Kant’s essay was the inspiration for an important collection of conference papers about the state of the university (if I can put it like that) published almost 200 years later, Logomachia: The Conflict of the Faculties (1992). In Jacques Derrida’s contribution, ‘Mochlos; or, The Conflict of the Faculties’, the question of who authorizes what in relation to universities is now more, or perhaps less, open. A university authorizes, but it is authorized in turn by the state. So which one of these do academics answer to? Where does their responsibility really lie? For Derrida, unsurprisingly, it is never entirely clear: ‘When one pronounces the word “responsibility” today in the university, one no longer knows for sure with what concept one can still rule it’ (Derrida 7). Putting his faith in philosophy’s investment in ‘concepts’ and their capacity both to ‘fix problems’ and enable us to ‘act freely’, Paul Redding may well be dismayed by all this. No discipline is free from the university, and the university itself is not free. It looks as if the lower faculty is less able to be distinguished from the higher faculties than we first imagined. Although it is indeed less recognized and authorized by the state, it may in fact be just as enslaved. From a certain point of view, we’re all zombies now.

The 1990s saw a rapidly increasing sense of ‘crisis’ in the university that has lasted into the present day and shows no signs of going away. The book under review here, Zombies in the Academy, owes much of its life (or afterlife) to these earlier discussions, in particular Bill Readings’ The University in Ruins (1996)—even though it mentions Readings only a couple of times, has little to say about Derrida on the universities, and never references Logomachia (or Kant). For Readings, the modern university serves a much larger master than the state: namely, globalised consumer and finance capital. Because of this, he wrote, ‘the grounds on which we used to make large claims for the humanities have been undermined’ (Readings 90). Philosophy is simply one discipline among many others now, competing for attention and money, while other traditional core values like ‘national culture’ have also been dispersed (although this point is debatable). Readings was pessimistic enough to think that the modern humanities itself grew out of the very extinction of these things: Cultural Studies, for example, emerged ‘at the point when the notion of culture ceases to mean anything vital for the University as a whole’ (91). It is this sort of evacuation of content—of authentic content—that Zombies in the Academy takes as a given in universities today, which continue to live (and even prosper) but only in a kind of automated, ‘conditioned’ way.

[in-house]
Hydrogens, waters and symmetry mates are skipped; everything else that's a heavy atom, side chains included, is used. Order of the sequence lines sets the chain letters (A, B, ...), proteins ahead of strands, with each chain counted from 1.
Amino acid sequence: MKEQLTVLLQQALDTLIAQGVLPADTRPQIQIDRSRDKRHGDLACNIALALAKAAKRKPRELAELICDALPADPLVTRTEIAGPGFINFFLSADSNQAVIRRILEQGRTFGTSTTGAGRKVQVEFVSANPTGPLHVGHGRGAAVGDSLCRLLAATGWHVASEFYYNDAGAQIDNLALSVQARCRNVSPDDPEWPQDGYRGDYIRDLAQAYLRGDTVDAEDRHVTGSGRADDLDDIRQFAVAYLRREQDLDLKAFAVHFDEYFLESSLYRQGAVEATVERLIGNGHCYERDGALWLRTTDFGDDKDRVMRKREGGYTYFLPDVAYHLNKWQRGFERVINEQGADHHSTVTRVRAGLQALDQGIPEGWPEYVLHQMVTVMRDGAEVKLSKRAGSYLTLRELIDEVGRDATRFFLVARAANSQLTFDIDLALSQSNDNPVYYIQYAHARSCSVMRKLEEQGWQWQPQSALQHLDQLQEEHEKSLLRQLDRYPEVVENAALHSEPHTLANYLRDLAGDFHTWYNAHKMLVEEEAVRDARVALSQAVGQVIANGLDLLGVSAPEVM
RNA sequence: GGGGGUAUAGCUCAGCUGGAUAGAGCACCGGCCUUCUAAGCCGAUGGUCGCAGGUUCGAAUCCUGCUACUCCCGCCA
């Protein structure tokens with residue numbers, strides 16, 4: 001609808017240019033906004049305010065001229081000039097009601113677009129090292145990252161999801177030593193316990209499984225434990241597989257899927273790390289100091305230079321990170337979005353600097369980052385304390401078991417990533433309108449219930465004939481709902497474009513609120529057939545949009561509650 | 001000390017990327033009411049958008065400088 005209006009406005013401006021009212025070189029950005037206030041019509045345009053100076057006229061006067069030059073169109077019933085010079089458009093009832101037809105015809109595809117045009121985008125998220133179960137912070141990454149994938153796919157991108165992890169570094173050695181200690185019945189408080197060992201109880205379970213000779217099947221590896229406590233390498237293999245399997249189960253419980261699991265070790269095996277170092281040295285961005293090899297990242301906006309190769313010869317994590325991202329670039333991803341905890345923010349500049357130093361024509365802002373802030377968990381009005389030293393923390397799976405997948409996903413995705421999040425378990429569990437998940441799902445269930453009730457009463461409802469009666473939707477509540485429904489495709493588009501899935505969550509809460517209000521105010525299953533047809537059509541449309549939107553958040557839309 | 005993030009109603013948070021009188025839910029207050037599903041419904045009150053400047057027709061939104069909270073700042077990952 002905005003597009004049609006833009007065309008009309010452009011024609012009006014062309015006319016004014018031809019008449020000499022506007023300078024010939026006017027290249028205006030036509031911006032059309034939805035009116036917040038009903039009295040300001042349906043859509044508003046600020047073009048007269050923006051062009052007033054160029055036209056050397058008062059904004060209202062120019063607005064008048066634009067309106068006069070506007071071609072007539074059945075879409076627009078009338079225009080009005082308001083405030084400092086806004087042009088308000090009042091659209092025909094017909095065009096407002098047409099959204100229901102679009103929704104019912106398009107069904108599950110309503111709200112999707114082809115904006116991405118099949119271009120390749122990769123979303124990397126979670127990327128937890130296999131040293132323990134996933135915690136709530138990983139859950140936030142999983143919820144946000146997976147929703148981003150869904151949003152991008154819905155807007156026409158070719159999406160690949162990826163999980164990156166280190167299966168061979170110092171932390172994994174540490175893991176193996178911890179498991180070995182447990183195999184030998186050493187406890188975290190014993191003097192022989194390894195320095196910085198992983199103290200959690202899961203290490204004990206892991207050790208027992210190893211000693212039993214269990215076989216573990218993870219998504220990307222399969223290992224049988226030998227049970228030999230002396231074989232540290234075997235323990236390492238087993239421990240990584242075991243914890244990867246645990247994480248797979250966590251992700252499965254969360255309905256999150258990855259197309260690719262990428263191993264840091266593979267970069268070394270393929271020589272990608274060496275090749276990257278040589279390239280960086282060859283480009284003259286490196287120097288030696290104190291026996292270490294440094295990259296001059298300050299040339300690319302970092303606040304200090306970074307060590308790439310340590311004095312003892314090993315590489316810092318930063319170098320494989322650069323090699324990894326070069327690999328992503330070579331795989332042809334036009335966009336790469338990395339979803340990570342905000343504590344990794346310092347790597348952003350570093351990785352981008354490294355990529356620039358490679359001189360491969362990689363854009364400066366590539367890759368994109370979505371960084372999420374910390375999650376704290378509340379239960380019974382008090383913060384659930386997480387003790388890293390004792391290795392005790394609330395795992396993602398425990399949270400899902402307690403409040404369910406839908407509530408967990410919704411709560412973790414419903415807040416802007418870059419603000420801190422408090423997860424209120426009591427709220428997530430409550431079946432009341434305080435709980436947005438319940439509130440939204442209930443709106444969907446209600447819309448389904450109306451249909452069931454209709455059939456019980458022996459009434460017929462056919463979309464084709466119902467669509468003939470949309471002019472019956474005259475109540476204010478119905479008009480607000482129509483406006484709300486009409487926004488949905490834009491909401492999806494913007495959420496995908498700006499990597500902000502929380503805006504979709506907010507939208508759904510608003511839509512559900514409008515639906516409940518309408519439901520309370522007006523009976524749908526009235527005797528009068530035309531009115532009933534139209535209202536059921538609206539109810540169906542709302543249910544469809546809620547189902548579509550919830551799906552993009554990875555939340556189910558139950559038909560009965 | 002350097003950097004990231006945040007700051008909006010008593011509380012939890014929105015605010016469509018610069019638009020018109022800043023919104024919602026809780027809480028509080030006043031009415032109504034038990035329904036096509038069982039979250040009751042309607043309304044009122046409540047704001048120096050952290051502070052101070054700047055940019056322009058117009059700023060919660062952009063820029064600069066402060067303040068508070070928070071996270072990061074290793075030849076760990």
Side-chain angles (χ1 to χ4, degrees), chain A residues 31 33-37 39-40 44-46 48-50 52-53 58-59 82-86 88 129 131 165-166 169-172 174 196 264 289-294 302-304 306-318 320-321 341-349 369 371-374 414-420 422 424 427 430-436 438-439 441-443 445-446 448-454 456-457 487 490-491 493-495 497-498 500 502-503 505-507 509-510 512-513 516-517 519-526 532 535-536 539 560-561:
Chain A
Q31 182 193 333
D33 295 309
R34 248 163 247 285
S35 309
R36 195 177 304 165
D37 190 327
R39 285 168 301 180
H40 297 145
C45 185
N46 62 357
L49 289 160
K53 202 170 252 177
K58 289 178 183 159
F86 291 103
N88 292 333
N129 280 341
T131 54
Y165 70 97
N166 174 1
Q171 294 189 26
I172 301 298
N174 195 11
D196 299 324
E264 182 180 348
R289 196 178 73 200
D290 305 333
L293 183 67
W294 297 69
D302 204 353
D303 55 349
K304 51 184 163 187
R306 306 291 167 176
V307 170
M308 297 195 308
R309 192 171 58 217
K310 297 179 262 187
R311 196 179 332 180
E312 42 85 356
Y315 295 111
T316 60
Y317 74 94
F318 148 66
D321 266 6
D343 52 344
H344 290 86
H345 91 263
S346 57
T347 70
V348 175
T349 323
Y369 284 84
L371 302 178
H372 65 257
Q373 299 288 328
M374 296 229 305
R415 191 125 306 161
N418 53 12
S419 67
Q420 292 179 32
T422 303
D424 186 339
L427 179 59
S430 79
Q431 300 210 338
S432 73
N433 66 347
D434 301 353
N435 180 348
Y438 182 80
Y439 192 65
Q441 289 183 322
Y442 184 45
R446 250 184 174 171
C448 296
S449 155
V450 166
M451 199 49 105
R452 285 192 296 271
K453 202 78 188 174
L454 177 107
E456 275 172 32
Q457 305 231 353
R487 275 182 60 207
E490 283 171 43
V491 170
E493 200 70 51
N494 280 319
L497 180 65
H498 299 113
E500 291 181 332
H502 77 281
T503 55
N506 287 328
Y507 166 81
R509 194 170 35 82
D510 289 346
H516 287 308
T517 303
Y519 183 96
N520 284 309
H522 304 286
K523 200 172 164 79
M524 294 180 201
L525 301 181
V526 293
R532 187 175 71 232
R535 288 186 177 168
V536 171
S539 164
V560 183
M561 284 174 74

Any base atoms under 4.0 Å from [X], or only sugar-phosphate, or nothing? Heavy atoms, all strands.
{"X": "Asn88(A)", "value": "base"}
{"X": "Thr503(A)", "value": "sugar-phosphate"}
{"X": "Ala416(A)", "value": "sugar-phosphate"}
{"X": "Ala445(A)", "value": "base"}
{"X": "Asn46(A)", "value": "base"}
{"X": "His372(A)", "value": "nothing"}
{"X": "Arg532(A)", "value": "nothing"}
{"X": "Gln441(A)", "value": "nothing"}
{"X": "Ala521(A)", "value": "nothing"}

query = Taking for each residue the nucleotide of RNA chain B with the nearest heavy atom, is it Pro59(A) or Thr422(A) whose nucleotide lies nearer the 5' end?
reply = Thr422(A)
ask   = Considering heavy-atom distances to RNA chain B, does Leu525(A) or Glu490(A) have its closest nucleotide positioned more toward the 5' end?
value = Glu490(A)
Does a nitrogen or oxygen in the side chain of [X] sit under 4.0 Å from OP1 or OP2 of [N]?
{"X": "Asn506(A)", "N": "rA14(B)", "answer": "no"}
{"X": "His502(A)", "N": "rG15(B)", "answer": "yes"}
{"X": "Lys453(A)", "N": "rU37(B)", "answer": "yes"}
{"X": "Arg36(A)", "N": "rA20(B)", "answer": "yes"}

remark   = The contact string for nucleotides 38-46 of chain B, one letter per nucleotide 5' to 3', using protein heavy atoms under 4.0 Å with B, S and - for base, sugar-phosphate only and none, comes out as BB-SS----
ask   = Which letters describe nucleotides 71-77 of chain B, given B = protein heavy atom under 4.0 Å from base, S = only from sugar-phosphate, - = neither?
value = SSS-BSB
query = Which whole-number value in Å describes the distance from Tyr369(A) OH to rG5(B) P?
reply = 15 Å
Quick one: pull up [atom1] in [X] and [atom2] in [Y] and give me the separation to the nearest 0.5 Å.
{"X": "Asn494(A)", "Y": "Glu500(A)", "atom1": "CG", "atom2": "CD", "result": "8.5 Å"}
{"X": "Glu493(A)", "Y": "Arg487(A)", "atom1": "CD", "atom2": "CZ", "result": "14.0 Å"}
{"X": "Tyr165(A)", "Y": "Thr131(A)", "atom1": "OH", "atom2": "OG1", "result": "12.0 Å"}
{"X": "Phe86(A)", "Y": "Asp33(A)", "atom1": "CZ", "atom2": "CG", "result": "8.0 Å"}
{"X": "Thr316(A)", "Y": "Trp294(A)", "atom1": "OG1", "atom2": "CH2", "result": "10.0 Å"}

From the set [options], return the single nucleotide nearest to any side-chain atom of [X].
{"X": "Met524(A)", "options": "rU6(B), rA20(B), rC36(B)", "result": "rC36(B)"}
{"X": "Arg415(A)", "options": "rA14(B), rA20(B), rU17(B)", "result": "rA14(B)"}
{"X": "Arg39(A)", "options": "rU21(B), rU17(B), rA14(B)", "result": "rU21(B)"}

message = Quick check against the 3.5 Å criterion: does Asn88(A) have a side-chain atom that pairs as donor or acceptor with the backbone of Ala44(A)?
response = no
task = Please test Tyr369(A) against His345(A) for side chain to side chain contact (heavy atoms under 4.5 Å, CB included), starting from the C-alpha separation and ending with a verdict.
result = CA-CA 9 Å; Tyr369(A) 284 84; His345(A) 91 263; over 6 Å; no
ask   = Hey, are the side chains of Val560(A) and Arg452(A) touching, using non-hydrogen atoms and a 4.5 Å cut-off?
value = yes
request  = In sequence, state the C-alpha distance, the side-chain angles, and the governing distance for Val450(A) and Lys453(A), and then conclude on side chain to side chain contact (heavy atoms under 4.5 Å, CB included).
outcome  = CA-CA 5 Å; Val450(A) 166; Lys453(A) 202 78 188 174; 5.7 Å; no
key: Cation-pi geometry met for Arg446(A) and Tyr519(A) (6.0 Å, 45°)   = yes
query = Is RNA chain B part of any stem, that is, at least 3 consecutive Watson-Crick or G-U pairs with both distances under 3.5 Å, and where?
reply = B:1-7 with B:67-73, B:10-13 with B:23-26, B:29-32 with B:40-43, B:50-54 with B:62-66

The view that the humanities is its own worst enemy—supplanting, or even destroying, the values it once stood for—is, of course, a surprisingly common one among humanities academics, and is often tied to an abject belief that things were indeed once much better (more reasoned, more free, more authentic, etc.) than they are now. When he wrote about universities in the 1930s, F.R. Leavis thought that English was already in decline in terms of institutional influence. The ‘intelligent critic’ was supposed to rise above all this by continuing to transmit the best of culture and tradition to the nation: ‘Upon this minority’, as he famously put it in Mass Civilization and Minority Culture (1930), ‘depends our power of profiting by the finest human experience of the past’. The democratization of the universities—along with the fracturing of English as a discipline and the dispersal of its literary canons—all inevitably worked to make this kind of cultural elitism unsustainable. Soon, it seemed, universities, like zombies, were springing up everywhere. For so many English academics, democratization has therefore been a mixed blessing—as it is for universities broadly speaking, which have always had difficulty (if they bother with it at all) being socially and culturally representative. In a recent essay in the New Yorker called ‘Why Teach English?’, Adam Gopnik is upbeat about all this: ‘English departments’, he cheerfully announces, ‘democratize the practice of reading’ (Gopnik). Simon During’s Against Democracy (2012) is a very different symptom of this predicament, however, with its bleak post-Leavisite vision of English literary criticism as ‘a tiny, beleaguered, and disregarded sect’ whose ‘purposes are either meaningless, obsolete, or dangerously illiberal’ (75). As ‘lower’ faculties go, this couldn’t be any lower. But there is also something strikingly Gothic about this sort of stark juxtaposition of elitism and democratisation. The humanities locks itself in and bolts the doors; while outside, ‘society’ (which, During says, has ‘no compelling respect’ for literary criticism) and the state (which, for Redding, is pure rhetoric, enslaved to itself, ‘mere bundles of conditioned responses’) circle around menacingly. No wonder a bunch of academics—several, in fact, from English departments—have got together to think about zombies.